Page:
Fear and greed drive the precious metals markets, but there hasn’t been much of either pushing gold and silver prices lately. Investors have grown tired of worrying about geopolitical events, ever-increasing federal debt ceilings, and ever-inflating equity bubbles.
Meanwhile, greedy trend traders continue piling into hot markets.
With the exception of palladium, metals prices have been stagnant for most of the year. For the time being, gold and silver are looking pretty boring relative to the hefty gains in stock prices and the explosive rise in Bitcoin.
Goldbugs are still waiting for a catalyst to shift investor attention back to the metals markets. Let’s take a look at some of the possible near-term drivers for gold and silver...
The equity markets remain overdue for a significant correction, and that would stir some safe-haven demand. Yes, we have been expecting a correction in stocks for some time and prices are still moving higher.
There is, of course, no telling when the next bear market in stocks will arrive. But price-to-earnings valuations have only moved higher into nosebleed territory and shares are truly priced for perfection. A good-sized hiccup could have investors heading for the exit.
Bitcoin prices may also be correct, diverting some of that capital instead into gold and silver. Cryptocurrencies are an entirely different kettle of fish when it comes to valuation. If Bitcoin can deliver on its promise to revolutionize payments and finance, today’s prices will ultimately look cheap.
However, no one should expect Bitcoin to continue moving higher in a straight line, with price corrections measured only in days or hours. There are a couple of developments right now with the potential to derail the extraordinary bull run in Bitcoin – at least temporarily.
Several major cryptocurrency exchanges have grown reliant on a token called “Tether.” The Tether token is supposed to be backed 1 to 1 with U.S. dollars held by the company behind the Tether. Traders swap Bitcoin and other coins into Tether, assuming it is akin to cash. However, there are serious questions about whether or not the backing exists.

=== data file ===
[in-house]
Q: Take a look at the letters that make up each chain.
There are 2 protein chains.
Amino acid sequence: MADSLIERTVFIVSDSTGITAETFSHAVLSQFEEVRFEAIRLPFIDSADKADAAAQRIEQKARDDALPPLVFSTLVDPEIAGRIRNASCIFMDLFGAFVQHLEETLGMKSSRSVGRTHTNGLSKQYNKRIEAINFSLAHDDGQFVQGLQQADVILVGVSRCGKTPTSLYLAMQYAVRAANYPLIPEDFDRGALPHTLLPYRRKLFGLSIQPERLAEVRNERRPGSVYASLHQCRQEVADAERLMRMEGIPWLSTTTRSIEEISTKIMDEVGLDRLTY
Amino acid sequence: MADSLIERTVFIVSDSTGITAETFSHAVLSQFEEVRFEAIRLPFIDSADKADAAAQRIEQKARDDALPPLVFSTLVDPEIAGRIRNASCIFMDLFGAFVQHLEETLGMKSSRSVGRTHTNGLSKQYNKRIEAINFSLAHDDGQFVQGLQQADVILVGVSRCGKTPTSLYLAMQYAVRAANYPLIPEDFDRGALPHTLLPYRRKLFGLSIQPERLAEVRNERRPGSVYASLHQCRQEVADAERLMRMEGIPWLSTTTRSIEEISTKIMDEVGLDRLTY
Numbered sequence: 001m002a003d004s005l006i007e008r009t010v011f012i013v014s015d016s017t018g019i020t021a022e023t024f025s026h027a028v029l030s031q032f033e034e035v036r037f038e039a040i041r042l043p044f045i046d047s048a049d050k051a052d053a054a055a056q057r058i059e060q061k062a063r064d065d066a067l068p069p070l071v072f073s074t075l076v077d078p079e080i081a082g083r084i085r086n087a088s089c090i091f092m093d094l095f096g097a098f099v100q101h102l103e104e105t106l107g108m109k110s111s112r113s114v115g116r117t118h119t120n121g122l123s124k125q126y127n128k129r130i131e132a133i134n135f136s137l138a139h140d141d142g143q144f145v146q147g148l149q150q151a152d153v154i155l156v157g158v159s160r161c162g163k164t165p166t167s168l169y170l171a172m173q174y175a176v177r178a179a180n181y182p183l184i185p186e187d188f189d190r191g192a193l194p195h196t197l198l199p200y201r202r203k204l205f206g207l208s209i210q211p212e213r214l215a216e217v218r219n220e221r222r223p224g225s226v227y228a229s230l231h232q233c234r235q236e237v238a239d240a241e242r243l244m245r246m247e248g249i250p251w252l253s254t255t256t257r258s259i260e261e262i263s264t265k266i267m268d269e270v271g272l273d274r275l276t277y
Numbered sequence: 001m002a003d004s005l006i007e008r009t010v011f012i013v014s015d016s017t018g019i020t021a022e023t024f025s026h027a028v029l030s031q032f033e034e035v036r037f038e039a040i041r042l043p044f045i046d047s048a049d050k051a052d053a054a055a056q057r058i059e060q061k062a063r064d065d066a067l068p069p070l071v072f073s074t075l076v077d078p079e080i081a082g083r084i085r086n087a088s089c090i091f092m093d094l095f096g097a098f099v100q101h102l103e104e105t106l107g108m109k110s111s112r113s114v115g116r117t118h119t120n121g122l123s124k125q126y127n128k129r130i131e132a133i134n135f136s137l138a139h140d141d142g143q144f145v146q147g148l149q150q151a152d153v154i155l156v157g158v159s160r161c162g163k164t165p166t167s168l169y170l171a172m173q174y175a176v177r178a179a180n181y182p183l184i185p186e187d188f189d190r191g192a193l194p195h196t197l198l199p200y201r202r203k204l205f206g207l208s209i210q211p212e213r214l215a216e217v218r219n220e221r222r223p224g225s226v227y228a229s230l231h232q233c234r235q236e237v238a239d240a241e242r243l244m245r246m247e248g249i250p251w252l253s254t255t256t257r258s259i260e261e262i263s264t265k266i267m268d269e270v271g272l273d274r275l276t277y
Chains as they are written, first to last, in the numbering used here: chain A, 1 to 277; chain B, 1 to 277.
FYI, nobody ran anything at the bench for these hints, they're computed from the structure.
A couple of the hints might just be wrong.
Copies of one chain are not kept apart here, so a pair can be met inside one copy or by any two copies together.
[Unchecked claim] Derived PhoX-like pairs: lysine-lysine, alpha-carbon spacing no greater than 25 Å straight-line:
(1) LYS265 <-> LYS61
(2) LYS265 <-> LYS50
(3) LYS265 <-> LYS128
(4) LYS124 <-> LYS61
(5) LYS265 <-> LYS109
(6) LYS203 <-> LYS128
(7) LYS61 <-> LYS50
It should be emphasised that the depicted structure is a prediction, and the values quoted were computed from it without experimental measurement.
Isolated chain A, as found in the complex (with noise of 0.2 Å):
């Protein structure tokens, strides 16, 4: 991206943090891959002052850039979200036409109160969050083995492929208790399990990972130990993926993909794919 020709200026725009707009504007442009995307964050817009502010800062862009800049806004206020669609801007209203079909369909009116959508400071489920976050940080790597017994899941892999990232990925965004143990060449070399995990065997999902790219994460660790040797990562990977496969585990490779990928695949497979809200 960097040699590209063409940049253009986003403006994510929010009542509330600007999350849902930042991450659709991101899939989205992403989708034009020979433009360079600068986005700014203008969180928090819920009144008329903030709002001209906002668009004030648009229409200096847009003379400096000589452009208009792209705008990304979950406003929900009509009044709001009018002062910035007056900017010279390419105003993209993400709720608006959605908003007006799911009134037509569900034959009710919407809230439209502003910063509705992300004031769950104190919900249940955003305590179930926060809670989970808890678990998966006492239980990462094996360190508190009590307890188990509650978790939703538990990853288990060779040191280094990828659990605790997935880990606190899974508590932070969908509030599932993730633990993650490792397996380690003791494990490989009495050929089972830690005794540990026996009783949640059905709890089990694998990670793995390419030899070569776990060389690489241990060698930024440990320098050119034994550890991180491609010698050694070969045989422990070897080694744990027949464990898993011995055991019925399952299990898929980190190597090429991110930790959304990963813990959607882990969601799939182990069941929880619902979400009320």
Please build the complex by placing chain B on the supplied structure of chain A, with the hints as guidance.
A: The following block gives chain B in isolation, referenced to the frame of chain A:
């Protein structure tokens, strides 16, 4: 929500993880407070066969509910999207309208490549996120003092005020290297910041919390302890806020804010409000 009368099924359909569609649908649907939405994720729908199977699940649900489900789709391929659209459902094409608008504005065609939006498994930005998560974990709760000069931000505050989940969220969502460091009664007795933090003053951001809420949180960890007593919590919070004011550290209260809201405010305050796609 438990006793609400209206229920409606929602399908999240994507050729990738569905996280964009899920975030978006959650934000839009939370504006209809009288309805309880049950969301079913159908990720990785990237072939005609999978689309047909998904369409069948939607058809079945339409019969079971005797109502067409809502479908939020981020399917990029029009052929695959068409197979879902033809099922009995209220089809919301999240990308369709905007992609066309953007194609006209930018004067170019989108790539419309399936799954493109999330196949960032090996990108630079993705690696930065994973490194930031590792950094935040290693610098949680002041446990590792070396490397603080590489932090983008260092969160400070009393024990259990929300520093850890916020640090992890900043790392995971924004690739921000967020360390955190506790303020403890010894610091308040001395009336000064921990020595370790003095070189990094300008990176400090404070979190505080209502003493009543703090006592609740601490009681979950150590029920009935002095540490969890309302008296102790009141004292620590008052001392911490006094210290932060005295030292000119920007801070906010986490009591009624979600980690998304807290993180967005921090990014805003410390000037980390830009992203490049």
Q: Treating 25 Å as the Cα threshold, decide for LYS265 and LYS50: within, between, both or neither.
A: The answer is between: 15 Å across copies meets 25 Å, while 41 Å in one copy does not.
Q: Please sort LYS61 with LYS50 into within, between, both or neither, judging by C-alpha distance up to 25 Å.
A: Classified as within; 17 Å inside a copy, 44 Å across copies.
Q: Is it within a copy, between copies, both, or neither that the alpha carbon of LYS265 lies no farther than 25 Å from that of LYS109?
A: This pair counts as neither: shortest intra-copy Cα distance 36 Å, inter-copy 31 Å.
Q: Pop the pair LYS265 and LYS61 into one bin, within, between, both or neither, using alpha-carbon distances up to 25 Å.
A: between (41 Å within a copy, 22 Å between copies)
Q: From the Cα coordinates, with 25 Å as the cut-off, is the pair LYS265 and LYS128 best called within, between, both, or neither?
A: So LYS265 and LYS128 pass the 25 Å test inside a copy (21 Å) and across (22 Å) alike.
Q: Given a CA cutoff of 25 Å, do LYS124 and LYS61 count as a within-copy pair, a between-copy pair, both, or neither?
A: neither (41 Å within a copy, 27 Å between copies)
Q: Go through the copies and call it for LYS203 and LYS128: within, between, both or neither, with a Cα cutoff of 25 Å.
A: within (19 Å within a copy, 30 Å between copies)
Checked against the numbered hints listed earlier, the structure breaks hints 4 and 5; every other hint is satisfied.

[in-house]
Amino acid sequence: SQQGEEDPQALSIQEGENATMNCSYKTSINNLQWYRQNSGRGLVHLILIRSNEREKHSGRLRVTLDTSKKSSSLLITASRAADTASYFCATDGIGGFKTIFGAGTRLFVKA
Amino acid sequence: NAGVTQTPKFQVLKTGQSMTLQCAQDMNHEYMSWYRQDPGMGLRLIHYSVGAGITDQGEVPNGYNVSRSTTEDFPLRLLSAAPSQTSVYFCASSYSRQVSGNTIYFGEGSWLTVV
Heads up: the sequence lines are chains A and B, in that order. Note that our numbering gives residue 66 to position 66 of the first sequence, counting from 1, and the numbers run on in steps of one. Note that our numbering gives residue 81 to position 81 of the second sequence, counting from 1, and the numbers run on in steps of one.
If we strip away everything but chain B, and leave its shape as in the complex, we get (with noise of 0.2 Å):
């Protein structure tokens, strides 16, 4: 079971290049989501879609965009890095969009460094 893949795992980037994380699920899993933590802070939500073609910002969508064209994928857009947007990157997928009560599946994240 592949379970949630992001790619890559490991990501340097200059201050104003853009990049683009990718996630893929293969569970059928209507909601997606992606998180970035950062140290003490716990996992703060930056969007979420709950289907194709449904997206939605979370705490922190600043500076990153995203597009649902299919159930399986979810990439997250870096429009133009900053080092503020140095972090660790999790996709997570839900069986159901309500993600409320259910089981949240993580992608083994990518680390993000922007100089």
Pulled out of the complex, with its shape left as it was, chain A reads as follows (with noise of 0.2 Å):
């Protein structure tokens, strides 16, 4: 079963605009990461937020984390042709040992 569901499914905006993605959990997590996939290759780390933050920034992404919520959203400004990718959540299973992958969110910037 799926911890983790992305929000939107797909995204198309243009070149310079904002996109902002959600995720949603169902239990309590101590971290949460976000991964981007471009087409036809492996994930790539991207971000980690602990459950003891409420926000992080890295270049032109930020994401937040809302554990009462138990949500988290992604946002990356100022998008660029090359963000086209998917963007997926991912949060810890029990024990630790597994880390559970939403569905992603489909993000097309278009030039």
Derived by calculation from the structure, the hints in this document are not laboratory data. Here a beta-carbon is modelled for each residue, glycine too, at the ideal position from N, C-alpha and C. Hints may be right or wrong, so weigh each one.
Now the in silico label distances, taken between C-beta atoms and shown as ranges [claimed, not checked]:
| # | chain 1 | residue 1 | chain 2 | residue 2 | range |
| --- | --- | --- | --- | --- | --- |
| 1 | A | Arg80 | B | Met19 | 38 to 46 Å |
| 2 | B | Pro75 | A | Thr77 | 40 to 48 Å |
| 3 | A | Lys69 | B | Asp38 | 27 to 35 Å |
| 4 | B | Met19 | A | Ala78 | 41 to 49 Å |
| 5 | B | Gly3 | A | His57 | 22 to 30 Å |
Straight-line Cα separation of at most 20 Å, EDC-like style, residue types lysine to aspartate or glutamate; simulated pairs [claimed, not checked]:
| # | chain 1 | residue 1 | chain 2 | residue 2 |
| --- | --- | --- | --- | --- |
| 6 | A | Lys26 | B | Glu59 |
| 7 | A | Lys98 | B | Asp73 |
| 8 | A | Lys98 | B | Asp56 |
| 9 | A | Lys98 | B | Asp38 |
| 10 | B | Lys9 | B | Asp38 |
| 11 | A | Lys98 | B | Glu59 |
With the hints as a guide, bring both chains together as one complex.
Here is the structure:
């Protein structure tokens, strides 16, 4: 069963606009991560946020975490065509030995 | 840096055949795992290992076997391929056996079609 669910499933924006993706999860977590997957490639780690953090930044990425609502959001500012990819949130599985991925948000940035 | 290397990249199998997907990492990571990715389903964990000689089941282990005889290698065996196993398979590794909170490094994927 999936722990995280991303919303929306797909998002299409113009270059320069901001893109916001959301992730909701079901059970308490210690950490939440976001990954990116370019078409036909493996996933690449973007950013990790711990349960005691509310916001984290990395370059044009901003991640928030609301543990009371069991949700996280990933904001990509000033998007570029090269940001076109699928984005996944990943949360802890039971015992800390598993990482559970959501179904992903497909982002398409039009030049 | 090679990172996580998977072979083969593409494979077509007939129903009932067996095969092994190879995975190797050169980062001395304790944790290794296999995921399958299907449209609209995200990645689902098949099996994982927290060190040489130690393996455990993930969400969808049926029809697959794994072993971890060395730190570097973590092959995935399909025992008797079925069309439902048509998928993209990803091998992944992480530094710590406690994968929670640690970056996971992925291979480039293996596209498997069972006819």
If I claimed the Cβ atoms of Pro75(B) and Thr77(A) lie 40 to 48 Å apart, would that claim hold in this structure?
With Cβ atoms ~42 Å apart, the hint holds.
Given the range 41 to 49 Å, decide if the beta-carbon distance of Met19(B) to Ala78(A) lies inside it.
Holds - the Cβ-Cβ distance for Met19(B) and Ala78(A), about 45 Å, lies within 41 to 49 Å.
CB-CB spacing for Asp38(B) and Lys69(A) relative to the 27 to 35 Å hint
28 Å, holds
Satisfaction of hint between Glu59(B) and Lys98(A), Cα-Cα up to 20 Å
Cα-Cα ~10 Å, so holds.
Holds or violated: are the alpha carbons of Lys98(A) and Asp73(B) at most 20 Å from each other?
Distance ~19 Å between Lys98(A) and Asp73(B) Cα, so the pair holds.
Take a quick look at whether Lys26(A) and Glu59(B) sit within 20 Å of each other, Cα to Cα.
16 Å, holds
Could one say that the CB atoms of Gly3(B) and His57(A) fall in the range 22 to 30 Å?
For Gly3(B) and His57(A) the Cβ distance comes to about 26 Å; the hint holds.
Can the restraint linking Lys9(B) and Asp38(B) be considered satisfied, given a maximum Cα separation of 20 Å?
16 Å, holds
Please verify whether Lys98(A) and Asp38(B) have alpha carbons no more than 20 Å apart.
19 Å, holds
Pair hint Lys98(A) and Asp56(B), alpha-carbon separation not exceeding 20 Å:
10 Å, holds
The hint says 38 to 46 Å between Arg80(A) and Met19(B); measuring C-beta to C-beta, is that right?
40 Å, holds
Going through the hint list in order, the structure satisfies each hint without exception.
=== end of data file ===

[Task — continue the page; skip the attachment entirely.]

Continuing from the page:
If confidence is lost in the nearly $1 billion of Tether tokens floating around exchanges, much of which has been used to make leveraged purchases of Bitcoin, it could be a disaster rivaling the collapse of Mt. Gox.
Bitcoin is also getting a boost in anticipation of institutional money pouring into the markets. The CME Group (COMEX) will launch Bitcoin futures trading later this month and lots of people expect the influx of capital to be very good news for the price. Our perspective is a bit different given that the nearly unlimited supply of paper futures contracts has undermined precious metals prices.
We think Bitcoiners should be wary of the participation of establishment institutions, such as JPMorgan Chase, which are likely to heavily short Bitcoin. These banks have a record of defeating limited supply by selling paper contracts in unlimited quantity and profiting as prices fall. People should also understand that many of the institutions that will be playing in Bitcoin futures are not fans of Bitcoin.
There are also a couple of other developments of particular interest for metals investors in the coming weeks. Tensions with North Korea and Iran are still escalating. And Michael Flynn, President Donald Trump’s former National Security Advisor, has taken a plea deal. The President’s many enemies in Washington DC are hoping Flynn will testify to some impeachable offense.
Should these players finally hang something serious on the President, we can definitely expect some turmoil in conventional markets.
It is quiet in the metals markets now, but there are plenty of ways for this quiet to be broken at any time.
About the Author:
Clint Siegner is a Director at Money Metals Exchange, a precious metals dealer recently named "Best in the USA" by an independent global ratings group. A graduate of Linfield College in Oregon, Siegner puts his experience in business management along with his passion for personal liberty, limited government, and honest money into the development of Money Metals' brand and reach. This includes writing extensively on the bullion markets and their intersection with policy and world affairs.